Popocatepetl (“Popo”) means “smoking” in Nahuatl, an Aztec language that is still spoken, is the most active volcano in Mexico. Ixtaccihuatl (“Ixta”) is a snow-capped mountain adjacent to Popo, the form of which looks like the outline of a woman sleeping on her back.
Here is a recap of the legend:
Many years before Cortes came to Mexico, the Aztecs lived in Tenochitlan, known as Mexico City today. The indigenous people at that time adored their Emperor and Empress, who had no children. Later, the wife had a daughter who was named Ixtaccihuatl, which means “white lady” in Nahuatl.
Ixtaccihuatl grew and her parents prepared her to become the Empress of the Aztecs. She fell in love with Popoca, a warrior. When fighting ensued in the south, Popoca had to leave to fight the enemy. The Emperor demanded that Popoca bring the head of the chief back, in order to marry his daughter.
After many months of fighting, a rival of Popoca sent an untrue story to the Emperor. He was told that the enemy had won the battle and that Popoca had died. When Ixtaccihuatl heard the news, she couldn’t stop crying. She quit eating and drinking until she passed away.
The family prepared a funeral for her while at the same time Popoca returned from his battle victorious. He learned that Ixtaccihuatl had died, and the lie that the Emperor had been told. Popo’s sorrow lead him to carry his true Love’s body away from the town. He carried her for miles, with his warriors following behind him, until he reached mountains. Popo asked his men to build a pyre where he placed Ixta. In his sadness, he bent down and wept and died too.
The photo above was our view of “Popo” from a hotel room in the district of San Angel, Mexico City. As you can see, from Mexico City, the eastern view of the volcano is obstructed by pollution. Notice the smoke billowing left from the top of the cone volcano? An eruption is possible and it would be catastrophic.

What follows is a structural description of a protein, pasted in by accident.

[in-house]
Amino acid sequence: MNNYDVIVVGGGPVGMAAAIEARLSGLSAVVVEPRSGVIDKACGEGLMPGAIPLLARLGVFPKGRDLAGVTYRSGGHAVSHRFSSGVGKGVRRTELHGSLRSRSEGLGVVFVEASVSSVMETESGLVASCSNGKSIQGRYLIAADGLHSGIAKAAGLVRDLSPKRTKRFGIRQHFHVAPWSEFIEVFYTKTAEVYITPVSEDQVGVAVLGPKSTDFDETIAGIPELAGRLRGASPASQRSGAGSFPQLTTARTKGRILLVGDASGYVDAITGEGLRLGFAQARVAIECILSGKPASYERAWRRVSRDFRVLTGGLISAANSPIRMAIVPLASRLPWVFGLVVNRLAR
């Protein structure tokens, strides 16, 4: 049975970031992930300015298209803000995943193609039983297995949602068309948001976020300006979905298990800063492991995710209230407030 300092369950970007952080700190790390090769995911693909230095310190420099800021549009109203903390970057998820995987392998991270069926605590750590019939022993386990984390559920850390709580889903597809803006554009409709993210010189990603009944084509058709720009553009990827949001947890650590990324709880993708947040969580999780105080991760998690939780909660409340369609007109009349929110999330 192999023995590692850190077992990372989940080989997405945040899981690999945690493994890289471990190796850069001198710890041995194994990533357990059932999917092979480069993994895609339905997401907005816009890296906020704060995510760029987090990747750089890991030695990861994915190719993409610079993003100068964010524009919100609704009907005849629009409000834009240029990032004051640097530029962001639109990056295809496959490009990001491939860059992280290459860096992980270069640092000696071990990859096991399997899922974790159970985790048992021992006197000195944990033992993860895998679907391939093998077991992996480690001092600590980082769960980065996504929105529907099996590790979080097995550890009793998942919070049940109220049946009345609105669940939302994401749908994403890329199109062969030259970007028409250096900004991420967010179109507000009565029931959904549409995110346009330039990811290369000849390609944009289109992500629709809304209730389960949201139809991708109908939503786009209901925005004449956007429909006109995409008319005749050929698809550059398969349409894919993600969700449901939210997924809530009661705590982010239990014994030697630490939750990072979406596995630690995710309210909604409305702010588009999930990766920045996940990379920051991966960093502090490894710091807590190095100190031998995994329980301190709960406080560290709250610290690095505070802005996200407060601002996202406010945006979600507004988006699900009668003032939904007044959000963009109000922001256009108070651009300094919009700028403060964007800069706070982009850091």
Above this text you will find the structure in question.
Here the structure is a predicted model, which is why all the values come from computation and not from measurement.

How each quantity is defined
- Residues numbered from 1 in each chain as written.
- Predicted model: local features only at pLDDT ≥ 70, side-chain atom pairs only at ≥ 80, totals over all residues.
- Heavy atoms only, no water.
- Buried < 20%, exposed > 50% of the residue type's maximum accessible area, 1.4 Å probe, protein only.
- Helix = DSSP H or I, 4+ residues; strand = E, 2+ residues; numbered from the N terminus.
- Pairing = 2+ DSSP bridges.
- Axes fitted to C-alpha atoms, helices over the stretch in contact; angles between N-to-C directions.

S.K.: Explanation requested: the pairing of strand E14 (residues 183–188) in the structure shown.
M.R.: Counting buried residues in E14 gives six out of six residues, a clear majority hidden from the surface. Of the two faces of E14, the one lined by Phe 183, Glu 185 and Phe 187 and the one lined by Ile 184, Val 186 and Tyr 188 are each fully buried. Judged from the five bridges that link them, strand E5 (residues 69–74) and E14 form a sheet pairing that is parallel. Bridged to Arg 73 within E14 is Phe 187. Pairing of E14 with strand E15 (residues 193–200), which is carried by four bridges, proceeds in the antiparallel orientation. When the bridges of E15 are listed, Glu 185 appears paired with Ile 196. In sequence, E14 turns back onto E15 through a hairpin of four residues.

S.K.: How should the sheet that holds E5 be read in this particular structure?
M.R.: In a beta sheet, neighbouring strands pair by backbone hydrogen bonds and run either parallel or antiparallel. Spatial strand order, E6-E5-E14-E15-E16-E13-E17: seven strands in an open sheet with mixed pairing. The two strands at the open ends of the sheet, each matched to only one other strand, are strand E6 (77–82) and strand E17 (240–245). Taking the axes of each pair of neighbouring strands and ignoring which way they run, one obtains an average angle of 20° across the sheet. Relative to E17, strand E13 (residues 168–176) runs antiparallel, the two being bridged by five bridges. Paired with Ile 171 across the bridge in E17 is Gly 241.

Perhaps the legend lives because the volcanoes are active and remind Mexicans about the story. Its also a tale that tourists like myself enjoyed hearing. At least I think I know now why the image is plastered in many Mexican restaurants in America: having that poster enables Mexican-Americans to identify with their cultural heritage and keep some folks (like myself) mystified for years.
As a semi-related note: I was in an antique store in San Anselmo, California when I saw two oil paintings: one of Popo and one of Ixta. I talked to the owner of the store and he told me that he was from Cholula, which is a town very close to the mountains in Mexico. He had done some research and thought that the paintings were made separately by two brothers, artists. The artists were Arturo Vazquez Navarrete and Albento Navarrete.
I offered the antique dealer a sum of money for the paintings which he did not accept at the time. I wanted them because they reminded me of our family’s wonderful journey in Mexico. And they reminded me of when I finally discovered the story behind an image I had seen throughout my life and never fully understood.
Around our twentieth anniversary, I went back to the antique store to see if the paintings were still there, but the owner was in Mexico. I left him a message explaining that six years earlier I had offered him “X” amount of $ that he had refused. I asked to buy them again for the same amount of $ and added that I wanted the paintings for an anniversary gift. I waited for him to call me and figured that if he did or didn’t, it was either meant to be or not to be. He called. I am a proud owner of two oil paintings: one of Popo and one of Ixta.
To learn more about my family’s adventure in Central Mexico read my post: “Discovering Colonial Mexico With your Family.” I hope to inspire people to experience other cultures with their kids and to travel with them, before their kids grow up and get busy with their own lives.